Dune – II


Finally, finally, I finished Dune. The whole trilogy. And it took me so long not because I found it boring (it wasn’t, not for one second) but because life sorta’ got in the way 😉

I’m not going to say it’s one of the best books I’ve read – because it’s not, but I’m definitely going to say it’s one of the most captivating. I had a few notes on a pad when I finished Dune Messiah, but, after The Children of Dune they seem rather useless. Dune Messiah seemed more like a bridge – a world of conspiracy, plans in the dark and visions. The rise of an Empire causes unrest, and the once unifying force will be driven out – it’s the ebb and flow of life. Had I been younger, I would have been pretty upset by Muad’Dib’s death – but for that moment it felt right, just as his “resurrection” (well, he never died, so it’s not an actual resurrection) didn’t feel forced, but the next logical step. As far as the plot goes, the book is a bit predictable, but only because it follows a logical path. And I really appreciate that, most of the decisions taken, most of the turns of the tide have a reason behind them – a very rational trigger (except, maybe, for the religious mystique angle – that was a bit much for me). The Children of Dune was the fall of Paul’s empire, and the rise of another, more permanent and dominated by a much more powerful force. In the end, the game remains the same, even if the players and rules and slowly changing.

I’m miles away from doing justice to the book – but having spent so much time in its universe, I don’t really think I want to dwell on it any longer. It’s a story I wholeheartedly recommend – and that’s all I can do at 00.30 am. 🙂


~ by ameer on August 31, 2009.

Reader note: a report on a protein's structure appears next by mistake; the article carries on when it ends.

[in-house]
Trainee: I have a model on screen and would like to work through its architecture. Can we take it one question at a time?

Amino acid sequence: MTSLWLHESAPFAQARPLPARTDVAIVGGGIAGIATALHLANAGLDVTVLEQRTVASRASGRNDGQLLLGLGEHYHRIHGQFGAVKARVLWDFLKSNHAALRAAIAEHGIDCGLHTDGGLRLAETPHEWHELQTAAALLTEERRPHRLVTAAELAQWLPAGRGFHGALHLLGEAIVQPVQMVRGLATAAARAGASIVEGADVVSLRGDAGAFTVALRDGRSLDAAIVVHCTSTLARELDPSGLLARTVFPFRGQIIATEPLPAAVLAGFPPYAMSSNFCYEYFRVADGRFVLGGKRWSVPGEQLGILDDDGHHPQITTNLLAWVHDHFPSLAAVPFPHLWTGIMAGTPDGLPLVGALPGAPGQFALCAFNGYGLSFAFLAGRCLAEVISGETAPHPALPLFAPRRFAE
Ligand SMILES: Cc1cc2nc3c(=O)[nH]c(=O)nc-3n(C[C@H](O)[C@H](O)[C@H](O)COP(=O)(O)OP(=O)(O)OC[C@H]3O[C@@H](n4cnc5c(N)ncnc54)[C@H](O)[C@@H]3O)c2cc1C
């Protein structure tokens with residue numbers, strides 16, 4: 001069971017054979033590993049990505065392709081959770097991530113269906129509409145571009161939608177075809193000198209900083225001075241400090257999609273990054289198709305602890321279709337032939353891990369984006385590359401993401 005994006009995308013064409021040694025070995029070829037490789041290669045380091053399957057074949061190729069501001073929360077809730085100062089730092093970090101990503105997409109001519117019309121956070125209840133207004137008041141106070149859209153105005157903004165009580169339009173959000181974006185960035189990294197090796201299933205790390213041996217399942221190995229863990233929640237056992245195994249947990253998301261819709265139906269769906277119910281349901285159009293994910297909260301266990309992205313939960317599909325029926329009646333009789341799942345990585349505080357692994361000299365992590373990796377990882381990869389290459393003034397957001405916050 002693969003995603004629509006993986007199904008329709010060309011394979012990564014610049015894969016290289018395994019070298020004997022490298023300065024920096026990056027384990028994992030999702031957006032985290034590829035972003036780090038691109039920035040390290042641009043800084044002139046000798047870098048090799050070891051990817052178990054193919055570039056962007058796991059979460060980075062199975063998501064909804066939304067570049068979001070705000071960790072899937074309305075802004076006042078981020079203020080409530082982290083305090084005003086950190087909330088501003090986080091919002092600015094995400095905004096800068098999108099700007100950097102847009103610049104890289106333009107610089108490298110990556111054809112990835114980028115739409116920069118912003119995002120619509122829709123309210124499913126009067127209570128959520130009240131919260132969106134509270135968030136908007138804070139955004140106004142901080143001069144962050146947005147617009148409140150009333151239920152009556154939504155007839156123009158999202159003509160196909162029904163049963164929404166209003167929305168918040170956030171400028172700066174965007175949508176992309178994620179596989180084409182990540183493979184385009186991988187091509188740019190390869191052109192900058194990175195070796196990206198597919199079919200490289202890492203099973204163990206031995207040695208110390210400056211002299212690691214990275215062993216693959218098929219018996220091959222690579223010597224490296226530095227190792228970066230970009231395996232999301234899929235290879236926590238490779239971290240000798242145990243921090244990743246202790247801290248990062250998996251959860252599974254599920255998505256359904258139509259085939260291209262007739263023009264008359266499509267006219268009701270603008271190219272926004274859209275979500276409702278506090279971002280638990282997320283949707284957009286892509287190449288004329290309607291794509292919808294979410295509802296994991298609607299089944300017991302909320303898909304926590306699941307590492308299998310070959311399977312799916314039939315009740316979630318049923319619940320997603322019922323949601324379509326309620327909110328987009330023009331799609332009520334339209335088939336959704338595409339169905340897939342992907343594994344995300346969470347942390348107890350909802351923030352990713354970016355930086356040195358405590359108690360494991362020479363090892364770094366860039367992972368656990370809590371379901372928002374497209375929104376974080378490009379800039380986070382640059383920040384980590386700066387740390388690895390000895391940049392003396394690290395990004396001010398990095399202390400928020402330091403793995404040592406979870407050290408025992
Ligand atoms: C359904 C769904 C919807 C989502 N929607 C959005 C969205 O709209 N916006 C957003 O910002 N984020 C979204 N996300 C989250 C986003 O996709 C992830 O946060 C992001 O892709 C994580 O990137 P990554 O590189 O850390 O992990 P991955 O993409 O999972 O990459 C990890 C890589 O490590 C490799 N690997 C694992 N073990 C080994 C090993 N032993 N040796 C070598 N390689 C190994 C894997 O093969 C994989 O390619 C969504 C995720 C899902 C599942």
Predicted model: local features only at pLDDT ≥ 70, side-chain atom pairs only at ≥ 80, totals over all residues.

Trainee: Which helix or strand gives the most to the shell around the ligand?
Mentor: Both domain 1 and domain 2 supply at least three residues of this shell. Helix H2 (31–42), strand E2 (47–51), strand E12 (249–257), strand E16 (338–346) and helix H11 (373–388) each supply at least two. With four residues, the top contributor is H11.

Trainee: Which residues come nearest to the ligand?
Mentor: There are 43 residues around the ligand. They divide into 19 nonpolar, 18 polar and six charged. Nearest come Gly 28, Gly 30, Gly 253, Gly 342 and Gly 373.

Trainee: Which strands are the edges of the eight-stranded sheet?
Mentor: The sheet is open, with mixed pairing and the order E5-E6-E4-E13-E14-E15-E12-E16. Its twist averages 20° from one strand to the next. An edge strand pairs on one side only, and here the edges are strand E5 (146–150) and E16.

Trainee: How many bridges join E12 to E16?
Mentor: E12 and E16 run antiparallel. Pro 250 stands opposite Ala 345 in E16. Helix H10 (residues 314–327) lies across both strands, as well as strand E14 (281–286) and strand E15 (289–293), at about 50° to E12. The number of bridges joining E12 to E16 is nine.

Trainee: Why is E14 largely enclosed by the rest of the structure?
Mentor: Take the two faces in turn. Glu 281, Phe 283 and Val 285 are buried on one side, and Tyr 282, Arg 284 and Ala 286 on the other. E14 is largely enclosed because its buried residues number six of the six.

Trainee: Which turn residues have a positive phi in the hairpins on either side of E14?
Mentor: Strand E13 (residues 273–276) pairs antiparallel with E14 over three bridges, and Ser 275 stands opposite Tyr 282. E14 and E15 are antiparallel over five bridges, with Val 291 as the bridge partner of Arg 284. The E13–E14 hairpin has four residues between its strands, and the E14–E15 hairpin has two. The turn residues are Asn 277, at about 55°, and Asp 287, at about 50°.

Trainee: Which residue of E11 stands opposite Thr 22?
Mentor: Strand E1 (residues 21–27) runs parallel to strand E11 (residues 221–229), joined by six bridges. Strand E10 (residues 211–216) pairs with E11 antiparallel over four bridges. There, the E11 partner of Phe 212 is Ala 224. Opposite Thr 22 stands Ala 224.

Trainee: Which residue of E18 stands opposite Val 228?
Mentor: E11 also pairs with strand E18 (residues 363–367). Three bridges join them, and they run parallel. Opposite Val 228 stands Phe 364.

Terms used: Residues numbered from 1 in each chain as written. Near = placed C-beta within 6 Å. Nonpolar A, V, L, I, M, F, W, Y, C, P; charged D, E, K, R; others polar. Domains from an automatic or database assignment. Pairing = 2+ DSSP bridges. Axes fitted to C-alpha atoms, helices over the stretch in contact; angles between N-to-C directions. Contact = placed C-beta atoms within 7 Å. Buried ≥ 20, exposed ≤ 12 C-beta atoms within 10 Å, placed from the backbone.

2 Responses to “Dune – II”

  1. You’re almost spot on about Dune Messiah,but the real purpose of most of the events have more meaning in books 4 and 5 than in book 3. The real main focus of the Dune Chronicles is not the Atreides, but the Bene Gesserit. They created the atmosphere into which Paul was thrust, hell, they created Paul, but the Bene Gesserit had no control over their own creations. This is reflected in Messiah, as Paul who can see and know all, also in fact has no real control, because he feared it. His people were blindly following him, but that was not the correct path for humanity, but he was to afraid to take the correct path. thats why his return as the preacher is so important. the people needed to think and rebel, to stop being stagnant. That is why the final books are so much better and tie in more. They can see what he did, but they still don’t know why, they hate him but also know he set them on an important path.

  2. Gee, Tommy, I really have to read those books again (starting with God-Emperor) – my memories are a bit different than what you say over there…

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